Mary Mitkina

Melon Liqueur

Why: For a fruity and fun twist, and it gives the cocktail its signature color. Without it: Goodbye sweet melody of melon, hello blandness. Alternatives: Use peach or apple liqueur for a different fruity vibe;

Alex Green

Lemon-Lime Soda

Why: This is the fizz in your step, adding lightness and zesty sweetness. Without it: The cocktail would be less refreshing and denser. Alternatives: Club soda for less sweetness, or a tonic for a bitter edge;

Emma Rose


Why: The garnish isn't just eye candy – it adds a citrusy aroma and a touch of tartness. Without it: You'd miss out on the zest that ties it all together. Alternatives: Lime for a tangier spin or orange for a sweeter note.

Mary Mitkina

Recipe. How to make Tokyo Iced Tea Drink

  1. Fill a glass with ice.
  2. Add vodka, rum, gin, tequila, and melon liqueur.
  3. Top with lemon-lime soda.
  4. Stir well.
  5. Garnish with a lemon slice.

Pro Tips

  • Use high-quality spirits for a smoother taste.
  • Make sure to stir well to properly mix all the ingredients.
  • Serve immediately for the best taste.

Perfect Pairings


Sushi: The fresh flavors of sushi pair nicely with the light and fruity tones of the Tokyo Iced Tea.

Tempura: Crispy tempura vegetables or shrimp complement the cocktail's crispness.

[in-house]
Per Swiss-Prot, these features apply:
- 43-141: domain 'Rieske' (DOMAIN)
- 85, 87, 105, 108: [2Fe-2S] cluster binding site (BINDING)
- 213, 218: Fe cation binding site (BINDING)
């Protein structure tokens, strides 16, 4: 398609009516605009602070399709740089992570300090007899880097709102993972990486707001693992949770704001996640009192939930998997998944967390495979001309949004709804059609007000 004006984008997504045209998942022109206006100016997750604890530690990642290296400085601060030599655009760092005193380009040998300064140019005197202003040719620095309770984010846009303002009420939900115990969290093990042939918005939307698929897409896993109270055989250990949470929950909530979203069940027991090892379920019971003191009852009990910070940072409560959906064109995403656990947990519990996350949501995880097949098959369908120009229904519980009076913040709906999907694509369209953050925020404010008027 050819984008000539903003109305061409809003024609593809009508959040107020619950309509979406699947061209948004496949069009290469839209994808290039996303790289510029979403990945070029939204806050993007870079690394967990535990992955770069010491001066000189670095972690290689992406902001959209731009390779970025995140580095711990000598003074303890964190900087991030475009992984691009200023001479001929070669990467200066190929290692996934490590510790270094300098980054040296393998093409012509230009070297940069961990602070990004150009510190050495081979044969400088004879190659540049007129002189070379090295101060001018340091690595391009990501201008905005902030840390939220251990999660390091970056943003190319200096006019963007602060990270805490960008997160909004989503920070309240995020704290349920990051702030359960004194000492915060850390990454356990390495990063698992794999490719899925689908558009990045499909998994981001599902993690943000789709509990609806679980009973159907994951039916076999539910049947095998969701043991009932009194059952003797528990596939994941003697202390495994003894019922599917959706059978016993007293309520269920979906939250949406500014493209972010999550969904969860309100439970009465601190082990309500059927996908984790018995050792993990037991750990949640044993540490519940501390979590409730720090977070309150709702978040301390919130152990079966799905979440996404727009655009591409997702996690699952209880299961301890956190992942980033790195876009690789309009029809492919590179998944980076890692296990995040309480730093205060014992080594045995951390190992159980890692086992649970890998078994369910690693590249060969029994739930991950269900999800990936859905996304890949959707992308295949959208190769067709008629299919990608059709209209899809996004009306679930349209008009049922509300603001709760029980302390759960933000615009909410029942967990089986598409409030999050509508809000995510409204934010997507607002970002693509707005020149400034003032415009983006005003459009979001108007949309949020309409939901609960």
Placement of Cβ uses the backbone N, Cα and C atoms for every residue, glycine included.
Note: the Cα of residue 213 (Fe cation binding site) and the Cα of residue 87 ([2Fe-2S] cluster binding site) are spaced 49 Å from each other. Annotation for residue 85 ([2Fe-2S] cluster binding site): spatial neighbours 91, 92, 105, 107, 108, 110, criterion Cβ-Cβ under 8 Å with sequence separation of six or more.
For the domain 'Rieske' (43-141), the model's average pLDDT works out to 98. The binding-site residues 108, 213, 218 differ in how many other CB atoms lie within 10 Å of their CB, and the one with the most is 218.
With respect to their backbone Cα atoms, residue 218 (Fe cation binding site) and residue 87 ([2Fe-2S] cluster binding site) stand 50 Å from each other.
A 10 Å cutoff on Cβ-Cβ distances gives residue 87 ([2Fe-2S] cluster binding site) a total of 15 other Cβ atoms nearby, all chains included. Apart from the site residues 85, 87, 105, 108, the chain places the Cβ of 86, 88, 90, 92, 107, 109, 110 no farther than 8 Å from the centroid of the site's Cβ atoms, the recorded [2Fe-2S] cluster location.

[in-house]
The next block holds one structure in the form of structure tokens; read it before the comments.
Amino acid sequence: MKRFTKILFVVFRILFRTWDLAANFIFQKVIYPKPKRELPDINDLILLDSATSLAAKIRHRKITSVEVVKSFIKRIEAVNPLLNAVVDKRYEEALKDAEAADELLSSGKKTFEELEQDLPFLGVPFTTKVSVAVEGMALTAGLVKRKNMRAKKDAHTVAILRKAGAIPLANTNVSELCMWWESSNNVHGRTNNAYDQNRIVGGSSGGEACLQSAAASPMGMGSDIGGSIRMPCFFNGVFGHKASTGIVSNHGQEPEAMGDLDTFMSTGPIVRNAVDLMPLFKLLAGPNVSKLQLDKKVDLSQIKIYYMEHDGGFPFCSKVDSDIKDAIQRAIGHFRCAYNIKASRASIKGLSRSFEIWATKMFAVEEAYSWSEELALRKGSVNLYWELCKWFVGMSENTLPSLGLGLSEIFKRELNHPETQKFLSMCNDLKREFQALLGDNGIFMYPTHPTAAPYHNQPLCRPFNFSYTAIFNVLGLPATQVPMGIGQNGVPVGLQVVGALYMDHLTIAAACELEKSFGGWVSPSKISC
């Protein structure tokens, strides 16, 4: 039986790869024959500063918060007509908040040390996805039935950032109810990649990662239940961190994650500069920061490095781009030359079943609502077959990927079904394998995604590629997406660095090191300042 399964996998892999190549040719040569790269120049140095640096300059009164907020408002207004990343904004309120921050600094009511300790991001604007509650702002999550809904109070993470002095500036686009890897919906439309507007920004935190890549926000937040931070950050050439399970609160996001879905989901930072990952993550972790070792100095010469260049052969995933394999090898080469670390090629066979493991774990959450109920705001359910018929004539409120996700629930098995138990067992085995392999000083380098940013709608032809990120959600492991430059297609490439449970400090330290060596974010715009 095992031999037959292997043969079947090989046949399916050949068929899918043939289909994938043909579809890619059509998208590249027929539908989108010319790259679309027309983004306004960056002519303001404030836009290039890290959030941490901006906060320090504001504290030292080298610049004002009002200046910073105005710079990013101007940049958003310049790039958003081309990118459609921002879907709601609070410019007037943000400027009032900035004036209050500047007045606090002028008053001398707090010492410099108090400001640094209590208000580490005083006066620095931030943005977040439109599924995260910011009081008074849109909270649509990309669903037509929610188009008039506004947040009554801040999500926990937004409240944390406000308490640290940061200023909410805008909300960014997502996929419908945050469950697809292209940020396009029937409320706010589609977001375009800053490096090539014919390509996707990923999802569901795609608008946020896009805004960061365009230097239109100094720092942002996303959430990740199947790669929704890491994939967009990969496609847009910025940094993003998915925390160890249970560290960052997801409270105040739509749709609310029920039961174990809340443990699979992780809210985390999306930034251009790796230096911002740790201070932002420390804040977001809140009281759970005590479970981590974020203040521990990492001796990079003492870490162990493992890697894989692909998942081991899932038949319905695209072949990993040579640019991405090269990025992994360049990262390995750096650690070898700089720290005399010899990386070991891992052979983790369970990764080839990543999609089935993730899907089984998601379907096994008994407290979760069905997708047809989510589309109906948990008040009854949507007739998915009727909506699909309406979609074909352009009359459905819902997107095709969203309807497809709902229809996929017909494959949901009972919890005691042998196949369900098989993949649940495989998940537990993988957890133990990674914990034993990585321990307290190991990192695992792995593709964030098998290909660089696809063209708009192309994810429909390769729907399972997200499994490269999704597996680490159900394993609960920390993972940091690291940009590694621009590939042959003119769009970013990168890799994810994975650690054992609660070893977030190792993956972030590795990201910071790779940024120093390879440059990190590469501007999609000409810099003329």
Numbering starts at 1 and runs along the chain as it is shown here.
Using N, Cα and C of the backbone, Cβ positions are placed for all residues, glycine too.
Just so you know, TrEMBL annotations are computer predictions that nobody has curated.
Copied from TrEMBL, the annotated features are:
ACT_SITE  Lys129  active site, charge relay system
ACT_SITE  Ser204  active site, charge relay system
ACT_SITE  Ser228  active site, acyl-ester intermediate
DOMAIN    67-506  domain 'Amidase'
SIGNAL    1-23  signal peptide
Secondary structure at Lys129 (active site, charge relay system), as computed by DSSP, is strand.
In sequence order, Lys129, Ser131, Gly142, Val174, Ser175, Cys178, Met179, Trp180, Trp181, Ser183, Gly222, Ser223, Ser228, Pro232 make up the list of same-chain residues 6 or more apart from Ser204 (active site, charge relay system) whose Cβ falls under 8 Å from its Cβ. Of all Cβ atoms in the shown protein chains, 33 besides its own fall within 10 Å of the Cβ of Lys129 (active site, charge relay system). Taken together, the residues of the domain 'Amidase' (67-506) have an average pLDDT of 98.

Chicken Yakitori: Charred and slightly sweet, yakitori skewers match well with the mixed spirit's profile.


Edamame: The saltiness of edamame balances the sweetness of the melon liqueur.

Wasabi Peas: The zing of wasabi peas contrasts and livens up each sip of the Tokyo Iced Tea.


Green Tea Ice Cream: A delicious way to stay within the Japanese theme, pairing creamy with citrusy.

Mochi: Soft and subtly sweet mochi rounds out the drink's multifaceted flavors.

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What you could change in Tokyo Iced Tea

  • You can substitute the melon liqueur with Midori.
  • If you don't have lemon-lime soda, you can use a combination of lemon juice, lime juice, and soda water.

Explore all drinks starting with T here

And of course - twists🍹

Green Tea Tokyo Iced Tea

Ingredients: Swap lemon-lime soda for green tea, infused with jasmine or mint. Recipe: Follow the original, substituting the soda. Flavor: Expect a less sweet, more complex and refined drink, with an Asian twist that feels more authentic.